The first commercial spreadsheets, called VisiCalc, came about in 1978 on an Apple II computer. A huge improvement from number mapping on a blackboard, VisiCalc allowed professionals to manipulate and organize numbers based on underlying formulas. The 1980s brought Lotus 1-2-3 onto the scene with basic database options and faster computing, referencing and graphing integration. In the early 1990s, Microsoft Excel finally overtook Lotus and has since been the preferred spreadsheet application.
When the only alternative was a piece of grid paper, the ability to reference and calculate quantity, cost and item cells in spreadsheets soon became invaluable to estimators and other construction professionals. The proliferation of the Internet and PCs in the construction workplace introduced a range of technology solutions in the 2000s, including all the functionalities of spreadsheets along with dynamic, real-time collaboration and imaging capabilities.
However, more than 52 percent of commercial construction companies still use static Excel spreadsheets to transfer data between processes and departments, according to the 2012 Construction Technology Integration Report. The main reasons for resisting newer, better technologies include convenience, efficiency and fear of the unknown.
The Convenience of Spreadsheets
Being one of the longest surviving computer applications—next to notepads and web browsers—spreadsheet applications are programs familiar to all generations of employees. Additionally, historical estimates, budgeting projections and bid project distribution lists produced before modern day construction management, accounting and estimating software often are archived in spreadsheet files. Plus, spreadsheet programs are almost always pre-installed on staff computers, making them incrementally “free” for employees to use.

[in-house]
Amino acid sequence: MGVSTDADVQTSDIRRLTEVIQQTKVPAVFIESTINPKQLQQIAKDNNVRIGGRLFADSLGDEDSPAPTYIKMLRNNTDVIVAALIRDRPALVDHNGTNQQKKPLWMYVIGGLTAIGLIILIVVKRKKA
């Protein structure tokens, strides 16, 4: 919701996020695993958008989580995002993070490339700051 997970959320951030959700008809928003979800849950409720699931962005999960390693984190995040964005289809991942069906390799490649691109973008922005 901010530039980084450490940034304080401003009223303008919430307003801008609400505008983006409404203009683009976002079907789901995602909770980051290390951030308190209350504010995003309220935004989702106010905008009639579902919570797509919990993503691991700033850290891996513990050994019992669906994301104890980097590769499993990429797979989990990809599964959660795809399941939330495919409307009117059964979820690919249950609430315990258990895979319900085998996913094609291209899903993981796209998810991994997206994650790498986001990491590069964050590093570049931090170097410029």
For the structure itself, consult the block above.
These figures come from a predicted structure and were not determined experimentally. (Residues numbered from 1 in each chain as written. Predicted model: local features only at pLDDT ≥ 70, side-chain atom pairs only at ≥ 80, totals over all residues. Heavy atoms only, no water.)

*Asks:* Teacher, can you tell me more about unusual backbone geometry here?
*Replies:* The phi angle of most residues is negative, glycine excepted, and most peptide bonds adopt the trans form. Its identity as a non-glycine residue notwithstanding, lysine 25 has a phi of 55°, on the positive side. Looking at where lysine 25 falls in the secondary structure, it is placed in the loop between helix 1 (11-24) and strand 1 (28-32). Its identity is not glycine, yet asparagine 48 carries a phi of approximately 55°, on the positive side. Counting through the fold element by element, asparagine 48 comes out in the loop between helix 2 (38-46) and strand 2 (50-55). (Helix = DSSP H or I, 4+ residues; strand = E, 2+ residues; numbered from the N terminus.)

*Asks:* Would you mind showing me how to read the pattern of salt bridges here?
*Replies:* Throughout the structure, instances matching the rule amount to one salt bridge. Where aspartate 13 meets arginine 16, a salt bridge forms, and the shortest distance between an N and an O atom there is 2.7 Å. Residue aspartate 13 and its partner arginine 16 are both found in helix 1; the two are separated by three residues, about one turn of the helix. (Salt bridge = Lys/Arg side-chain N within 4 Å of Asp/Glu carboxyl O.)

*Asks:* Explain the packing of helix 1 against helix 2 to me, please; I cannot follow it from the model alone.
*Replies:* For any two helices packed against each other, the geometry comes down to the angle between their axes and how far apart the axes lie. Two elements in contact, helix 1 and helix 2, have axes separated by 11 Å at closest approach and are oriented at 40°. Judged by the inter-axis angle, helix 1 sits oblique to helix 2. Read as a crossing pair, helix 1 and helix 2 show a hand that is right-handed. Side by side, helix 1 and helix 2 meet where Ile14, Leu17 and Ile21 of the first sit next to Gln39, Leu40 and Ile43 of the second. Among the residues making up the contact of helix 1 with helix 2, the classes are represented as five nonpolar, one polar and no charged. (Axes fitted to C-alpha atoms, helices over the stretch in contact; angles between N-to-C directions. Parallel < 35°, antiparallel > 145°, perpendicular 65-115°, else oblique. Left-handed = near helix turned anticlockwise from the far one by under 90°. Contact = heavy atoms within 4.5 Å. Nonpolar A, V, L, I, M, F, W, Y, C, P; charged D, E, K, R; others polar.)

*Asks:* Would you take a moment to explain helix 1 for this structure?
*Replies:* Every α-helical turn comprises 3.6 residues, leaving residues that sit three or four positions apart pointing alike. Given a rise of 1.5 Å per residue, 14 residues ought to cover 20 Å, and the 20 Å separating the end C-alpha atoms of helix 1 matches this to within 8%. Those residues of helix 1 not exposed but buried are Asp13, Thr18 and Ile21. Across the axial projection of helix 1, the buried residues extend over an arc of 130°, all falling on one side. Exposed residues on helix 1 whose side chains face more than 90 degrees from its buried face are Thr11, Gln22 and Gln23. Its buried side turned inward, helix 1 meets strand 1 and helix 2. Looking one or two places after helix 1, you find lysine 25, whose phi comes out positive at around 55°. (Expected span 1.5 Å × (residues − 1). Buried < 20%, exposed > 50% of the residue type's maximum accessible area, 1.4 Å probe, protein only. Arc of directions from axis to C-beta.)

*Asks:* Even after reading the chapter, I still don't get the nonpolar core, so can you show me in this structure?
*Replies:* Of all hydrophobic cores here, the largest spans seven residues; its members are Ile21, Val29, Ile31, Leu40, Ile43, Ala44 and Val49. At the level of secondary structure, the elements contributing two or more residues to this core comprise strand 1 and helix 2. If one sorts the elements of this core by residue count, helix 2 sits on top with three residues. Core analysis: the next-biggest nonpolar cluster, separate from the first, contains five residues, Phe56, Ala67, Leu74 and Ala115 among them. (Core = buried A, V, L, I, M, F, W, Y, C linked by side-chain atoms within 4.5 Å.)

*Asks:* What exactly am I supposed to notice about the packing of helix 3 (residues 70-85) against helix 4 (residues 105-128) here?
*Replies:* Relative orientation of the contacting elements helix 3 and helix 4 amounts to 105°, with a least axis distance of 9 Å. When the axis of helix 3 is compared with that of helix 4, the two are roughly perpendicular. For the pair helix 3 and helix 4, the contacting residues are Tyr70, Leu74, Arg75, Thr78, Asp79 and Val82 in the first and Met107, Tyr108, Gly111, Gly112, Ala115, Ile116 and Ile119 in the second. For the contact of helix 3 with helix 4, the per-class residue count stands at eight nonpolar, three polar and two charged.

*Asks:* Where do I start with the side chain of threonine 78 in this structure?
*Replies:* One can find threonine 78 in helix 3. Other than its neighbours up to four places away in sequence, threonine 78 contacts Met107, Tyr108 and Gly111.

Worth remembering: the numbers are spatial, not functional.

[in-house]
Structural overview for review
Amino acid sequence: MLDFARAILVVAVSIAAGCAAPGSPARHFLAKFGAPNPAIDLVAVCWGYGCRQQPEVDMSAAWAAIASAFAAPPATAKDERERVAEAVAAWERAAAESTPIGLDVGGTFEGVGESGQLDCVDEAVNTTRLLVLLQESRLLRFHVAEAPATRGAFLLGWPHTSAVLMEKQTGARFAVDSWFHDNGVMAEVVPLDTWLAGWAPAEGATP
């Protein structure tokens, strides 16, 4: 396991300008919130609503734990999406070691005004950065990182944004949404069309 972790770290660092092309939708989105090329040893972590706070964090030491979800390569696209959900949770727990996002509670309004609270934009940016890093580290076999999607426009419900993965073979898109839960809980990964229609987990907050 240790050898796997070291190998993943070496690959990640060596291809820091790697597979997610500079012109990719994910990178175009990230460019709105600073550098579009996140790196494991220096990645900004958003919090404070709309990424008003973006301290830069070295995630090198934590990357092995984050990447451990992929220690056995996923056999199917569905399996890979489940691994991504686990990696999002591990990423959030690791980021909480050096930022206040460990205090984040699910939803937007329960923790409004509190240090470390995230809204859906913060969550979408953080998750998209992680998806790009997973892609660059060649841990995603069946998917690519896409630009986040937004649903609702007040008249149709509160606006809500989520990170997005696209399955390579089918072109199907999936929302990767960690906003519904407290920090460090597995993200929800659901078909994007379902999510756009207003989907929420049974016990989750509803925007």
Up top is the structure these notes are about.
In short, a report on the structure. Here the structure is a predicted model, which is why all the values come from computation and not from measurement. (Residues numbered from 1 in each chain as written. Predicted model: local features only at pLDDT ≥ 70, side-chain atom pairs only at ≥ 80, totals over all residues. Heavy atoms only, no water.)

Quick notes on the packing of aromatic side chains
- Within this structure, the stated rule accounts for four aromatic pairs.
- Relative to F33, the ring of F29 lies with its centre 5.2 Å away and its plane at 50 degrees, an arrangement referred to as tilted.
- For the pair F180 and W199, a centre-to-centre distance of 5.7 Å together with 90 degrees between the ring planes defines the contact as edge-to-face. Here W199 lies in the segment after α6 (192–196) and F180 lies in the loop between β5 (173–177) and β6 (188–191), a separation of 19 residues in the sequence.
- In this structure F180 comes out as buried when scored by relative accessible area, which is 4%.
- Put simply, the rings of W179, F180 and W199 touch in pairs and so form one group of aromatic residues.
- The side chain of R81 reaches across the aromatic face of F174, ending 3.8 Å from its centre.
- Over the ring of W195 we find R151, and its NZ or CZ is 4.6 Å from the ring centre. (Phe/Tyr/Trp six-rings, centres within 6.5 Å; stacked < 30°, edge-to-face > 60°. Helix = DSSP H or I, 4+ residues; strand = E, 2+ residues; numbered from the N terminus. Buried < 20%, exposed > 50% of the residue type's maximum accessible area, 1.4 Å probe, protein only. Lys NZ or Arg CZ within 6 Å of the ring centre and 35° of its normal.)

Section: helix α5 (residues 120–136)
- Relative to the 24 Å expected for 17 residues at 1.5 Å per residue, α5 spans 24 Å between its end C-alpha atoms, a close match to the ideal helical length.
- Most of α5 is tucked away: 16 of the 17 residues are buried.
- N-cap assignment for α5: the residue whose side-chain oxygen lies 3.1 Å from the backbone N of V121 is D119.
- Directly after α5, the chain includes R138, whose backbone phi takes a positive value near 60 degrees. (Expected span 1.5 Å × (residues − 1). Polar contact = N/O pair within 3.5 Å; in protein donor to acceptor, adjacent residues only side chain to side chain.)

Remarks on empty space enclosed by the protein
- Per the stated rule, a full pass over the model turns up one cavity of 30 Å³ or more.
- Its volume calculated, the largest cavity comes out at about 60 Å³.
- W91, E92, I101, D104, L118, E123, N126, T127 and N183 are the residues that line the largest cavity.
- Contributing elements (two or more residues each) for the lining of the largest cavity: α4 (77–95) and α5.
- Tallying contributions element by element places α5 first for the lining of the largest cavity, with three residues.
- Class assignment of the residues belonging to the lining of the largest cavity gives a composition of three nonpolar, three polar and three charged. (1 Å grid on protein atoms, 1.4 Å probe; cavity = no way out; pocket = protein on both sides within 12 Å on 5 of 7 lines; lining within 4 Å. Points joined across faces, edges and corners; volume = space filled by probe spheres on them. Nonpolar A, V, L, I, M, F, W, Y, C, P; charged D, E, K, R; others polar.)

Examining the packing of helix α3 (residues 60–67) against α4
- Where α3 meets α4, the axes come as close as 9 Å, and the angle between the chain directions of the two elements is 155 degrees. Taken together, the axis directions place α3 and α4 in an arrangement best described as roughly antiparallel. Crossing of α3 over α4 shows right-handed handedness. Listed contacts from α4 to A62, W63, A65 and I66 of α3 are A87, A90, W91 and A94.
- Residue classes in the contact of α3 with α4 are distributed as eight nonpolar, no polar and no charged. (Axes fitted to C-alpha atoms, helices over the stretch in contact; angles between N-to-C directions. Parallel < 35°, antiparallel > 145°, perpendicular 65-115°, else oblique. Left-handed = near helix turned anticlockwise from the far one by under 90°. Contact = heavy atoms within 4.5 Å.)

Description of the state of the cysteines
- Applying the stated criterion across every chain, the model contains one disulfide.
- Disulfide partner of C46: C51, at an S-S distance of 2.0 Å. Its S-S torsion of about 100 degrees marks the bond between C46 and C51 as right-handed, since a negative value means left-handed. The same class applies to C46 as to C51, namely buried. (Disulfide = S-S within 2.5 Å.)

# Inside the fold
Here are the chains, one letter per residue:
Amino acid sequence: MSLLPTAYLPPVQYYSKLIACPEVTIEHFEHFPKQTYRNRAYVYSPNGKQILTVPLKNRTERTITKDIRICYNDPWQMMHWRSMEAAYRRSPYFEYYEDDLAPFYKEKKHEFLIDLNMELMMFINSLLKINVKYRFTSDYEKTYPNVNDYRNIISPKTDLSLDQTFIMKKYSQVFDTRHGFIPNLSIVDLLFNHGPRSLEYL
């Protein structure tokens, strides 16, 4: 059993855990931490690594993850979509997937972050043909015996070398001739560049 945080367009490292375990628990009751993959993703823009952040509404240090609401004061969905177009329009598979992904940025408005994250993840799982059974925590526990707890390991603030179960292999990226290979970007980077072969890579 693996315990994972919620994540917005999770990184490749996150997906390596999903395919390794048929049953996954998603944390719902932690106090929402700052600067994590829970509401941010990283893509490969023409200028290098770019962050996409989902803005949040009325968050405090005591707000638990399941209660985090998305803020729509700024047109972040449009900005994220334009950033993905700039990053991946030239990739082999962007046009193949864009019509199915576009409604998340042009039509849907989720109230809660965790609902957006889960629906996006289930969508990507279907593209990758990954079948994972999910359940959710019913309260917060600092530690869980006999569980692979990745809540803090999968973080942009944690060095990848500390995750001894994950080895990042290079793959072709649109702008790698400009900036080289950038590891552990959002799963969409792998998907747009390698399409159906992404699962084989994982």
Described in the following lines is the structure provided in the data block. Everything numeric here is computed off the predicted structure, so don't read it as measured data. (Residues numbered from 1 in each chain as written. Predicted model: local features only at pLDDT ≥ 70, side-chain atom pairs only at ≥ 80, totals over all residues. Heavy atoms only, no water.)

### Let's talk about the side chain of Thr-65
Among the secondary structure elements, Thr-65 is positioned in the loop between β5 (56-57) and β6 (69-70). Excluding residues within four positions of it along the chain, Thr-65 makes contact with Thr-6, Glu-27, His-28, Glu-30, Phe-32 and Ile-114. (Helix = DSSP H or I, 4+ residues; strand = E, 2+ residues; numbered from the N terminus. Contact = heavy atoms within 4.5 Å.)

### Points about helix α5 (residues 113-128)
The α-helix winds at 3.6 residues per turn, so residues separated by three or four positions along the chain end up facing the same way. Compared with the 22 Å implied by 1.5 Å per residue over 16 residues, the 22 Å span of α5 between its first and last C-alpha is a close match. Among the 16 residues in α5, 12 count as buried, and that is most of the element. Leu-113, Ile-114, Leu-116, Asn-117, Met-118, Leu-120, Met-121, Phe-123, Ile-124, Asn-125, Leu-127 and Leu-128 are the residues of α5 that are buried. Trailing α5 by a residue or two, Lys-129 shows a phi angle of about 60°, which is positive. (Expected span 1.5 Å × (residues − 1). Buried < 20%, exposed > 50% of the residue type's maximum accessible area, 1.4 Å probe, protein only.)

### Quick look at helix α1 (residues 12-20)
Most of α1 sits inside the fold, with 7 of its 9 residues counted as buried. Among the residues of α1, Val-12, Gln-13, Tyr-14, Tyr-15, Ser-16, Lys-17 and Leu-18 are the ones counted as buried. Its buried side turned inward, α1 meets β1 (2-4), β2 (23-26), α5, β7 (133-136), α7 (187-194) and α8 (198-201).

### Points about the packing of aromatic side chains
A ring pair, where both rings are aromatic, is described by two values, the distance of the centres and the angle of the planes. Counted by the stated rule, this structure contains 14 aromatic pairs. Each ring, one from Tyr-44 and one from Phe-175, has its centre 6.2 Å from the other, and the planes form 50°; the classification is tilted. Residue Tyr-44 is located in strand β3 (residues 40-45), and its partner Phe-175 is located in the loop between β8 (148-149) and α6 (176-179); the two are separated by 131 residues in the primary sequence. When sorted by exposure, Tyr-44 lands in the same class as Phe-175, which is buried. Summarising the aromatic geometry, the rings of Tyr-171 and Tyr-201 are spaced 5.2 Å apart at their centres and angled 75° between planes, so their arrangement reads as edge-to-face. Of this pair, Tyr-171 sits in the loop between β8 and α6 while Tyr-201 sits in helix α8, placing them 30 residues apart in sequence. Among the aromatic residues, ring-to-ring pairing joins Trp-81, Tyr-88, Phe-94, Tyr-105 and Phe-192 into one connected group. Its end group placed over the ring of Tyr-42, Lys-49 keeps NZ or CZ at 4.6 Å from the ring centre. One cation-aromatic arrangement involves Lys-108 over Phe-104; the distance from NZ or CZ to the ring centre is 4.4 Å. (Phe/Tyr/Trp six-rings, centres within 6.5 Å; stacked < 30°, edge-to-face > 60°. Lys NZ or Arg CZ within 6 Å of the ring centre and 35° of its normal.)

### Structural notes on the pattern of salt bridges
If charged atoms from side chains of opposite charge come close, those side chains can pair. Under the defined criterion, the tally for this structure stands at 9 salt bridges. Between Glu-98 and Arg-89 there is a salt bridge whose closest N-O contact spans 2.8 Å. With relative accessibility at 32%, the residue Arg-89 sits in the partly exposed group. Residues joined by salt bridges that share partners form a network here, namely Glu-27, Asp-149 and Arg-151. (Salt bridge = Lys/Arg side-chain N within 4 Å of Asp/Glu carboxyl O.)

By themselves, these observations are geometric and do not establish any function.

The Efficiency of Spreadsheets
Because employees typically are comfortable with spreadsheets, they don’t require extensive training. The exact opposite can be said for trying to introduce new solutions such as estimating or bid software. Perceived cost and implementation time of new technology often outweighs the future cost savings.
The Fear of Anything but Spreadsheets
Spreadsheets are predictable, mainly because they are static repositories of information that can’t be touched by a cloud service provider or tapped into by any other solution. Their old-school reliability has become a safe zone where anything outside of a spreadsheet is corruptible and shareable beyond control. Most construction software packages look nothing like…